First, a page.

The Choo fits for US retailer Michael Kors
American company snaps up premier shoemaker for $1.2bn
US RETAILER Michael Kors has agreed to buy luxury shoemaker Jimmy Choo for $1.2 billion (R15.6bn), snapping up a British company whose towering stilettos have been made famous by celebrity customers from Princess Diana to Kendall Jenner.
The move comes two months after rival handbag maker Coach struck a deal to buy quirky fashion brand Kate Spade & Company, as so-called affordable luxury companies look to go into new markets to try to lift flagging sales.
“Jimmy Choo is an iconic premier luxury brand that offers distinctive footwear, handbags and other accessories,” said Michael Kors, honorary chairperson and chief creative officer.
“We admire the glamorous style and trend-setting nature of Jimmy Choo designs.”
Founded by bespoke shoemaker Jimmy Choo in London’s East End in the 1990s, Jimmy Choo listed at 140p in 2014 and will sell out at 230p.
Its strong performance stands in contrast to Michael Kors which has lost 65 percent of its market value since 2014 due to fierce competition at the more affordable end of the luxury market and a drop in customers at department stores.
Michael Kors, which has tried to fight back by expanding into dresses and menswear and its online business, said in May that sales at stores established for more than a year fell 14 percent in its fiscal fourth quarter.
Under the terms of the deal, it will pay a premium of 36.5 percent to buy Jimmy Choo compared with the British firm’s share price before it was put up for sale.
At 10.15am, Jimmy Choo shares were up 17 percent at 228.25p.
The company makes three quarters of its revenue from selling shoes and has a presence across the world, including about 150 company-operated retail stores.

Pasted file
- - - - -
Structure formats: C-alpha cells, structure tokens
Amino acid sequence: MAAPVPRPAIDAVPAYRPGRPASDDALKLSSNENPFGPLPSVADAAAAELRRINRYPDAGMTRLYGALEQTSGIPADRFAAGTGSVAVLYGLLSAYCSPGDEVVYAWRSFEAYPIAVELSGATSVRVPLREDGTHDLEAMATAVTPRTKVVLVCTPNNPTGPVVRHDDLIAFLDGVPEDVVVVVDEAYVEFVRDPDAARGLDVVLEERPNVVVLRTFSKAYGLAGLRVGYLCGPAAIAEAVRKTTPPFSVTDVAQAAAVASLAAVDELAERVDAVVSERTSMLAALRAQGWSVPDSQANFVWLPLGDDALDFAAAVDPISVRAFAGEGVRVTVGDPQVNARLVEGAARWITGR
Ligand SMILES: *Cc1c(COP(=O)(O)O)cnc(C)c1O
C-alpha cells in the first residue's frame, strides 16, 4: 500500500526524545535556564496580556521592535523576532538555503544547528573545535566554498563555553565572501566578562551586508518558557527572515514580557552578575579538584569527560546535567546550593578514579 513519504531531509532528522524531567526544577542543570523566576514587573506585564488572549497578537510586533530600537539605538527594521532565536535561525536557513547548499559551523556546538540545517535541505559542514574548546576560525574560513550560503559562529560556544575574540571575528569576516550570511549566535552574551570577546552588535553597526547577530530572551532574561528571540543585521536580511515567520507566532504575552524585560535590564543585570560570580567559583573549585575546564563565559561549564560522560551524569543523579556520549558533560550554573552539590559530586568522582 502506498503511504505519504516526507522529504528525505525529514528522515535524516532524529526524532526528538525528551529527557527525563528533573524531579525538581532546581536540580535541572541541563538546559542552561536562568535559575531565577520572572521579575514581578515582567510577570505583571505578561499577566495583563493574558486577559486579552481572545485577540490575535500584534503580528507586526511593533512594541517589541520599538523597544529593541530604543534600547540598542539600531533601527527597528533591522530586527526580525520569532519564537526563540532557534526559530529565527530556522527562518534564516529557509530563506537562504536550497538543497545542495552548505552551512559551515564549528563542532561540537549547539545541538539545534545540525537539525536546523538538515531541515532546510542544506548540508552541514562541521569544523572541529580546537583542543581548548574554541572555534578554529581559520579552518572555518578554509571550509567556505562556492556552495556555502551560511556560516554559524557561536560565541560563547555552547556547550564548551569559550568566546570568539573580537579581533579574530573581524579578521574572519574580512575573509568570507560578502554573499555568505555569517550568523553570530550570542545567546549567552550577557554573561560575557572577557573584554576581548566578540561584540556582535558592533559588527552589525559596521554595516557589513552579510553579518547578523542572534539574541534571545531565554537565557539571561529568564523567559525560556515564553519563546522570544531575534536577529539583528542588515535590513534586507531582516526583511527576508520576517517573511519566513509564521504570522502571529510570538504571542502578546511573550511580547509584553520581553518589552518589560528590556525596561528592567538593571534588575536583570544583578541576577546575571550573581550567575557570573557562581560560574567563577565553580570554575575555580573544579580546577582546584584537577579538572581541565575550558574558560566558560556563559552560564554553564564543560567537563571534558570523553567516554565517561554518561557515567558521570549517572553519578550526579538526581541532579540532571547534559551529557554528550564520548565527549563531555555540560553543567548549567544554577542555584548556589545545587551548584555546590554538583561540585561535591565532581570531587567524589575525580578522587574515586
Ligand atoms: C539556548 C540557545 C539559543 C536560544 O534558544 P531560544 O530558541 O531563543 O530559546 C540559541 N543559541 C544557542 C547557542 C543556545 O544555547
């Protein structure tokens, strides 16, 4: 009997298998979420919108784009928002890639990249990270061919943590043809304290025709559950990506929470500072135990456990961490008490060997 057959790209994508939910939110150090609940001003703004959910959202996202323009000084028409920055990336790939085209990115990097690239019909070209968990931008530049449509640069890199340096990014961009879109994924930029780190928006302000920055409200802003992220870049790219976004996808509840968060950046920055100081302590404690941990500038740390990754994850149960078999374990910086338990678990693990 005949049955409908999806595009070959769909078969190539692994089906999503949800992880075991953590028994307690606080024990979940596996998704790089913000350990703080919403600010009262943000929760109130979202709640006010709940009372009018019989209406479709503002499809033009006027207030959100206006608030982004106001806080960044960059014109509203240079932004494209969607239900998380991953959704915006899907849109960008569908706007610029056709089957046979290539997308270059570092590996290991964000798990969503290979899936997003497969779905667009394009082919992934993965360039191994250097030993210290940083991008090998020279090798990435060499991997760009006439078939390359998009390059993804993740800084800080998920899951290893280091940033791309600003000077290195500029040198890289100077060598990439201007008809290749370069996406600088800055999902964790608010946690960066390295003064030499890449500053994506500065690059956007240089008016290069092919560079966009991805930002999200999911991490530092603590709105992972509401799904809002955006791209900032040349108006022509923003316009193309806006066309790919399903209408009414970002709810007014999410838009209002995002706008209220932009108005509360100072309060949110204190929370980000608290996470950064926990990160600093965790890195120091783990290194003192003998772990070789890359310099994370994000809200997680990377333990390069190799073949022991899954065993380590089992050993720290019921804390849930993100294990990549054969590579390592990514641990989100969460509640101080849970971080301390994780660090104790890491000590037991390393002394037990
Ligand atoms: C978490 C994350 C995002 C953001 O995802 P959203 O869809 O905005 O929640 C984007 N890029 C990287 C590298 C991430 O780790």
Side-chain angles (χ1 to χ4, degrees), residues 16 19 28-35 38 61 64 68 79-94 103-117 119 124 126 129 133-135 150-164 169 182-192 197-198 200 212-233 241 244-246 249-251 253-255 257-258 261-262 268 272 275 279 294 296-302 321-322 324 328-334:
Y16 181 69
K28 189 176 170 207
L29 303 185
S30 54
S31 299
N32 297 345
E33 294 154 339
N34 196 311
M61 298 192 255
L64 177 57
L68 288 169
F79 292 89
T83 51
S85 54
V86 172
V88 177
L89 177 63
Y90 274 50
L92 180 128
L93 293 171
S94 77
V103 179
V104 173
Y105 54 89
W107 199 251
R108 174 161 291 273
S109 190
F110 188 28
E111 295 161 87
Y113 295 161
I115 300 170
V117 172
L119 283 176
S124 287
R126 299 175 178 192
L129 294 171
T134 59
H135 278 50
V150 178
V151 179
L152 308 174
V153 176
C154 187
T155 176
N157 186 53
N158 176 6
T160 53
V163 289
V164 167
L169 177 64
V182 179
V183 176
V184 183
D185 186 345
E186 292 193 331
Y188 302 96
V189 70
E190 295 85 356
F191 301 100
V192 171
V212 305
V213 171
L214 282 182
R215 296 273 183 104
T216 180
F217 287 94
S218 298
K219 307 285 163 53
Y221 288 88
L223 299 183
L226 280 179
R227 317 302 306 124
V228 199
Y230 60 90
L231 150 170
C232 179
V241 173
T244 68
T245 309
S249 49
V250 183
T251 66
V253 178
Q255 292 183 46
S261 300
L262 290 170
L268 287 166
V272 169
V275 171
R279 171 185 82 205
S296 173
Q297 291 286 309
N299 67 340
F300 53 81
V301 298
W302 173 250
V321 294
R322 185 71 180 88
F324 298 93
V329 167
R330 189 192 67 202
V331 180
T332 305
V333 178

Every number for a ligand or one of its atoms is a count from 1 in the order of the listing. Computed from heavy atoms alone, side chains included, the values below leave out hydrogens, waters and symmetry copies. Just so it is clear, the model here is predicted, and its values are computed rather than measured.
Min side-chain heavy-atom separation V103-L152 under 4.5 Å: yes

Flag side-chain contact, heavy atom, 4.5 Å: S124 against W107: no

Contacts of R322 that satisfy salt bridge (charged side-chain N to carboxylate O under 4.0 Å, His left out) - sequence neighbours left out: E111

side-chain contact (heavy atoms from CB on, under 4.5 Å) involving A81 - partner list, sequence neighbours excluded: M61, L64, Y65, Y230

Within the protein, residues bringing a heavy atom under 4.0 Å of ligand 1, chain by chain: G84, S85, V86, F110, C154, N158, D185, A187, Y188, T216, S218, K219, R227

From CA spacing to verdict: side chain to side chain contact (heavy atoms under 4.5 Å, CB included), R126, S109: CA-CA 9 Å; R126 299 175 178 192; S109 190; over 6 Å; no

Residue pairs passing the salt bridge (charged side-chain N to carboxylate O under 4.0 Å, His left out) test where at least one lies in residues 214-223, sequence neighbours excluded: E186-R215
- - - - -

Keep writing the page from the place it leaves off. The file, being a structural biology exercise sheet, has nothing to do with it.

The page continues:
Berenberg analyst Zuzanna Pusz said the deal followed in the footsteps of Coach’s recent acquisition and showed US accessible luxury companies were pursuing the multibrand strategy found in Europe, where cash flows from one large brand are reinvested into smaller but faster-growing ones.
Pusz said it was probably a sensible move in the long term, with competition unlikely to wane any time soon.
“Multiple companies such as Jimmy Choo, Prada, Ferragamo and Cucinelli have gone public over the past couple of years with the intention of financing their retail expansion plans, thus accelerating their investments and giving the luxury consumer globally more choice of brands anywhere they go.”
Jimmy Choo put itself up for sale in April after its majority-owner JAB, the investment vehicle of Germany’s billionaire Reimann family, signalled its intention to focus on consumer goods instead. JAB is also considering a sale of Bally International, the Swiss luxury shoes and accessories company.
The deal is the latest in a string of foreign takeovers of UK companies, as buyers abroad take advantage of a drop in the value of sterling since Britain voted to leave the EU in June last year.
Michael Kors, which said it had JAB’s backing for the deal, pledged to use its own infrastructure to help Jimmy Choo grow further via store openings and online.
Jimmy Choo will continue to be led by the same management team, including creative director Sandra Choi, who joined the company at its inception.
Goldman Sachs and JP Morgan acted for Michael Kors on the deal, while Merrill Lynch, Citigroup, Liberum and RBC Europe acted for Jimmy Choo.
Luxury shoemaker Jimmy Choo’s shares shot up at the news of the deal.